Altoona's distressed status under state Act 47 set limits on what city employees could hope to receive under new contracts negotiated this year.
The positive attitude that the police and non-uniformed employees' unions exhibited, in response to those limitations, cannot go unnoticed.
Unfortunately, the city firefighters' union has been resistant to the city's Act 47 provisions; that union's contract goes to arbitration this month.
In some cities, the newly approved contracts would have evoked slim margins of worker approval accompanied by grumbling, complaints about unfairness and other expressed forms of unhappiness because the contracts will essentially decrease employee income over the next three years.
Not the two Altoona unions. The police approval was unanimous; 96 percent of the non-uniformed employees voted yes.
Entering their negotiations with the city, the police and non-uniformed employees accepted that the talks needed to encompass low expectations, and that is what played out.
What has emerged from that bargaining will allow the city to move forward in its quest to exit Act 47 - a goal many other Act 47 cities have failed to achieve, despite living under distressed status much longer than Altoona.
The two unions properly acknowledged that it's better to bite the proverbial bullet now, with hopes for a better contract three years hence, than to fight the financial realities hovering over the city at this time.
It would be better for the firefighters to rethink their stance. However, those employees have the right to pursue under collective bargaining whatever contract they and their union feel is in their best interests.
Still, as reported in a Mirror article Tuesday, Act 47 recovery plan restrictions on the firefighters' compensation go into effect after the current contract expires at the end of the year, regardless whether there's a new contract and despite any arbitration award.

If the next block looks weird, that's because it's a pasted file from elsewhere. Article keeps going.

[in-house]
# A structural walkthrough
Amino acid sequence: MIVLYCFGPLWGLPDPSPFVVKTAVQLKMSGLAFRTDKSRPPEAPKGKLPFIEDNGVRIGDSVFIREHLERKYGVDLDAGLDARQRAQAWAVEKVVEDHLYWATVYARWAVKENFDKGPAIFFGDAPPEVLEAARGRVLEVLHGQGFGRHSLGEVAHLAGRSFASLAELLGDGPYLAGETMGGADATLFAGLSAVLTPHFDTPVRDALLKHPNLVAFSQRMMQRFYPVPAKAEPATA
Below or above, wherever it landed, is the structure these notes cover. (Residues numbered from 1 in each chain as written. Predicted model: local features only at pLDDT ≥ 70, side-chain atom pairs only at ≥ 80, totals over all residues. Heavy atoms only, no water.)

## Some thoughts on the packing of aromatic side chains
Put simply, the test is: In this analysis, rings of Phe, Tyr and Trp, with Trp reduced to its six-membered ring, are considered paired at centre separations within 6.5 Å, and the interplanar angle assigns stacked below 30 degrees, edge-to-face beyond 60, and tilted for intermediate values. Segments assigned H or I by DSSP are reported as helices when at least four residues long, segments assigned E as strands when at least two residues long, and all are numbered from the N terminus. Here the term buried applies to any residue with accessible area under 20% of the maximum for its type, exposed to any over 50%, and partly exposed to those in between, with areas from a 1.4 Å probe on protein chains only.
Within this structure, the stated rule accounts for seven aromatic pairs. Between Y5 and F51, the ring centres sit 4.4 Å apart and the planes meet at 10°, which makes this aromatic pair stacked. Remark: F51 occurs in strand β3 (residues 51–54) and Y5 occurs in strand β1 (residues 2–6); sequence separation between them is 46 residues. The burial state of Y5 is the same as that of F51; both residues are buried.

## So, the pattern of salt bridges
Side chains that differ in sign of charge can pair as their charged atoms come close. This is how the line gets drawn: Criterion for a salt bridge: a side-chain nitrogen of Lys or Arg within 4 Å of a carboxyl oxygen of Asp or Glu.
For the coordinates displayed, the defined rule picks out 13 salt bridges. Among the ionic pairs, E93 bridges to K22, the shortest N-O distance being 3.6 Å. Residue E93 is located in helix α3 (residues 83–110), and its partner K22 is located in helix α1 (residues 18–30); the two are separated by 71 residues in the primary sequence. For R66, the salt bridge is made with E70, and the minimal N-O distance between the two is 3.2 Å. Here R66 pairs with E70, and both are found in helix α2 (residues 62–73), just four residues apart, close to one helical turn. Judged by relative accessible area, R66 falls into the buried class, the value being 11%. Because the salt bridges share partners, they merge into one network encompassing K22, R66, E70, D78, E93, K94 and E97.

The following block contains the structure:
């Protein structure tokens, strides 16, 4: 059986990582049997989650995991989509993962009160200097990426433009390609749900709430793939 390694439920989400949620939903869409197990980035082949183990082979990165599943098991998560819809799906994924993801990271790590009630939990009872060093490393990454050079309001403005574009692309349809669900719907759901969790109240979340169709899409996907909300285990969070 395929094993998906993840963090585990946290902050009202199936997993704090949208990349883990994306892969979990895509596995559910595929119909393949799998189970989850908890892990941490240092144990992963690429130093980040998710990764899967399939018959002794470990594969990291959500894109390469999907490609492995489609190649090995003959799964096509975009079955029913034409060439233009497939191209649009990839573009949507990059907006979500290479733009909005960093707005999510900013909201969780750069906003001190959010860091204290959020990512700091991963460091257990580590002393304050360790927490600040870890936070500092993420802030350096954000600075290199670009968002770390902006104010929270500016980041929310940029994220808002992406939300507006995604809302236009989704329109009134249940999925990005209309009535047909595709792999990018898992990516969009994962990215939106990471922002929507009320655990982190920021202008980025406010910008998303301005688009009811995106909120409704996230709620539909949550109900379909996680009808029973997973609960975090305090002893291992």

For that reason, the firefighters' stance is puzzling.
The recovery plan states: "The city cannot survive without restructuring its compensation packages so that employee compensation and workforce cost growth more closely track the achievable level of revenue for the city."
That's one important component of financial stability for any municipality, but Altoona's current employee compensation costs - 81 percent of the city's budget - demonstrate why the recovery plan has had to be so insistent on that issue.
"I compliment [the unions] for really sucking it up and being a big part of the solution," said Councilman Bruce Kelley.
The two unions deserve more of such compliments.
Scott Campanaro, president of the union representing the non-uniformed workers, expressed the reality of the situation when he said, "It was the most equitable deal we could get under Act 47. We're working for a municipality that's broke."
Commendably, neither he nor police union officials expressed sour grapes over the pacts that have resulted.
When Altoona gets out of the financial woods, city leaders should remember the two unions' cooperation this time - a time when biting the bullet was a necessity, not an option - but when there could have been major resistance nonetheless.